This page is dedicated to organizing various examples of standardized exam questions whose answer is absence seizure. While this may seem a odd practice, it is useful to see multiple examples of how absence seizure will be characterized on standardized exams (namely the boards and the shelf exams). This page is not meant to be used as a traditional question bank (as all of the answers will be the same), however seeing the classic “test” characterization for a topic is quite valuable.
KEY CHARACTERISTICS OF THIS CONDITION (ON EXAMS)
When it comes to standardized exams, each topic has its own “code” marked by key buzzwords, lab findings, clues, etc. If you are well versed in this code you will be able to more quickly identify the condition that is being discussed, and get the right answer on the exam you are taking. Below is the “code” for absence seizure.
- Blank staring episodes: may be confused with ADHD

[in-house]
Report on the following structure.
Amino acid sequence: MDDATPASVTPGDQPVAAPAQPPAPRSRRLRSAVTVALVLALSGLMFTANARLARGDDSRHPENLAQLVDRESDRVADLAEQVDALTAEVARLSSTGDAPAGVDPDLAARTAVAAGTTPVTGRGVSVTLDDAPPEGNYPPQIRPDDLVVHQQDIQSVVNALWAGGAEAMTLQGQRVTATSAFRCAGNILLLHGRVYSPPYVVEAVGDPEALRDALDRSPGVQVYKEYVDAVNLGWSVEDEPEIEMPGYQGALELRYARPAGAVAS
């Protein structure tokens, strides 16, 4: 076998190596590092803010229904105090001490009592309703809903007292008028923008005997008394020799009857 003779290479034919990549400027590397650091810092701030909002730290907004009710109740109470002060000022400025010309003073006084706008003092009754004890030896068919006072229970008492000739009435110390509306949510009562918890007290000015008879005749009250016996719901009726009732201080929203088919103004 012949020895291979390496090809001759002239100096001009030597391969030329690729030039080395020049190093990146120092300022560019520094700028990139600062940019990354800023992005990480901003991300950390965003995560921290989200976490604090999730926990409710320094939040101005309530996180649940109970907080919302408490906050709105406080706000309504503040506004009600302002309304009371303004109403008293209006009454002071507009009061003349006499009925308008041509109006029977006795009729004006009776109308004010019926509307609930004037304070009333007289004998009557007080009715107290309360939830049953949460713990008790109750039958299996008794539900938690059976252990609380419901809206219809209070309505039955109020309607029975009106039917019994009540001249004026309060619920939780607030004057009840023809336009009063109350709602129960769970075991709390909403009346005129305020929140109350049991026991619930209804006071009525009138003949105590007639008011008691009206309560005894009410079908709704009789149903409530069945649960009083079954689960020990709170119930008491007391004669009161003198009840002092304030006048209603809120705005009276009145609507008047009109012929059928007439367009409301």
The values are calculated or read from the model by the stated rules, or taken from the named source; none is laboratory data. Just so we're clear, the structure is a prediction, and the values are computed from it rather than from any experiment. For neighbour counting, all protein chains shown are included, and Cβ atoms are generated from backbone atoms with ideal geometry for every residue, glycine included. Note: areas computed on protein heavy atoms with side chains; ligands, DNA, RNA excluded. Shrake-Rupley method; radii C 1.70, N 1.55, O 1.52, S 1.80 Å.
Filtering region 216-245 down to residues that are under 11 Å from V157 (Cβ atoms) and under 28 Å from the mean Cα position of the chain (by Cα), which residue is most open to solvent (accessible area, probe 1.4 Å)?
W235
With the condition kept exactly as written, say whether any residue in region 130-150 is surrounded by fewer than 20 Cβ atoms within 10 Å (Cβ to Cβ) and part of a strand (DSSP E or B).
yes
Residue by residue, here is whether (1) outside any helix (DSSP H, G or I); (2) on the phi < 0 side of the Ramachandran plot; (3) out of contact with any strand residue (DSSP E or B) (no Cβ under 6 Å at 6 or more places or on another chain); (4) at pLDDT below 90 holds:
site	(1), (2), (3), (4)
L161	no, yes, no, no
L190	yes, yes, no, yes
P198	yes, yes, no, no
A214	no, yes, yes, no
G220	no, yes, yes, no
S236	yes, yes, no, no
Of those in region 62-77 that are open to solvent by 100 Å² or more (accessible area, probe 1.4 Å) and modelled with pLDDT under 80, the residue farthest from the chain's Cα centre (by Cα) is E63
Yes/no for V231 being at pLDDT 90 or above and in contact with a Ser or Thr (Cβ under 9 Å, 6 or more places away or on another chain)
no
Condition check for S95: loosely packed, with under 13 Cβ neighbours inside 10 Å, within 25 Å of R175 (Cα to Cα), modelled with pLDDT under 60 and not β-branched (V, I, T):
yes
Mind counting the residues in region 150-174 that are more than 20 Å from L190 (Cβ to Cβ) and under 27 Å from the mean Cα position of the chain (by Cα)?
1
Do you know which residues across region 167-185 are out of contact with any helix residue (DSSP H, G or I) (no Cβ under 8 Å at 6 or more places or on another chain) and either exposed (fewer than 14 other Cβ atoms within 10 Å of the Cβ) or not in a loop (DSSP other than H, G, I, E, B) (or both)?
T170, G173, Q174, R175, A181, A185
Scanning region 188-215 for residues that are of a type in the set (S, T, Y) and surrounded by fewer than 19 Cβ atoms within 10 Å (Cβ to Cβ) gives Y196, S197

- 3 Hz spike and wave discharge will be observed on EEG
Question # 1
A 6 year old female is brought to the pediatric clinic by her parents because her teacher has noticed that she stares blankly into space for several seconds at a time. During these episodes she does not respond to any questions or commands. A physical examination is unremarkable. An EEG is performed and shows 1-3 second bursts of a 3/sec spike and wave activity. There are no abnormal limb movements during these bursts. What is the likely diagnosis in this patient?
Explanation # 1
Blank staring episodes + 3 Hz spike and wave pattern on EEG = absence seizure
Question # 2
Explanation # 2
TESTABLE FACTS ABOUT THIS TOPIC (BEYOND ITS IDENTIFICATION)
Many questions on standardized exams go beyond simply recognizing the underlying topic. Often there are specific testable facts regarding some aspect of the topic’s pathophysiology/management/clinical implications that are commonly asked. Some of these are listed below:
- Treatment: Ethosuxamide is the first line treatment. Valproic acid can also be used.
Page Updated: 04.23.2017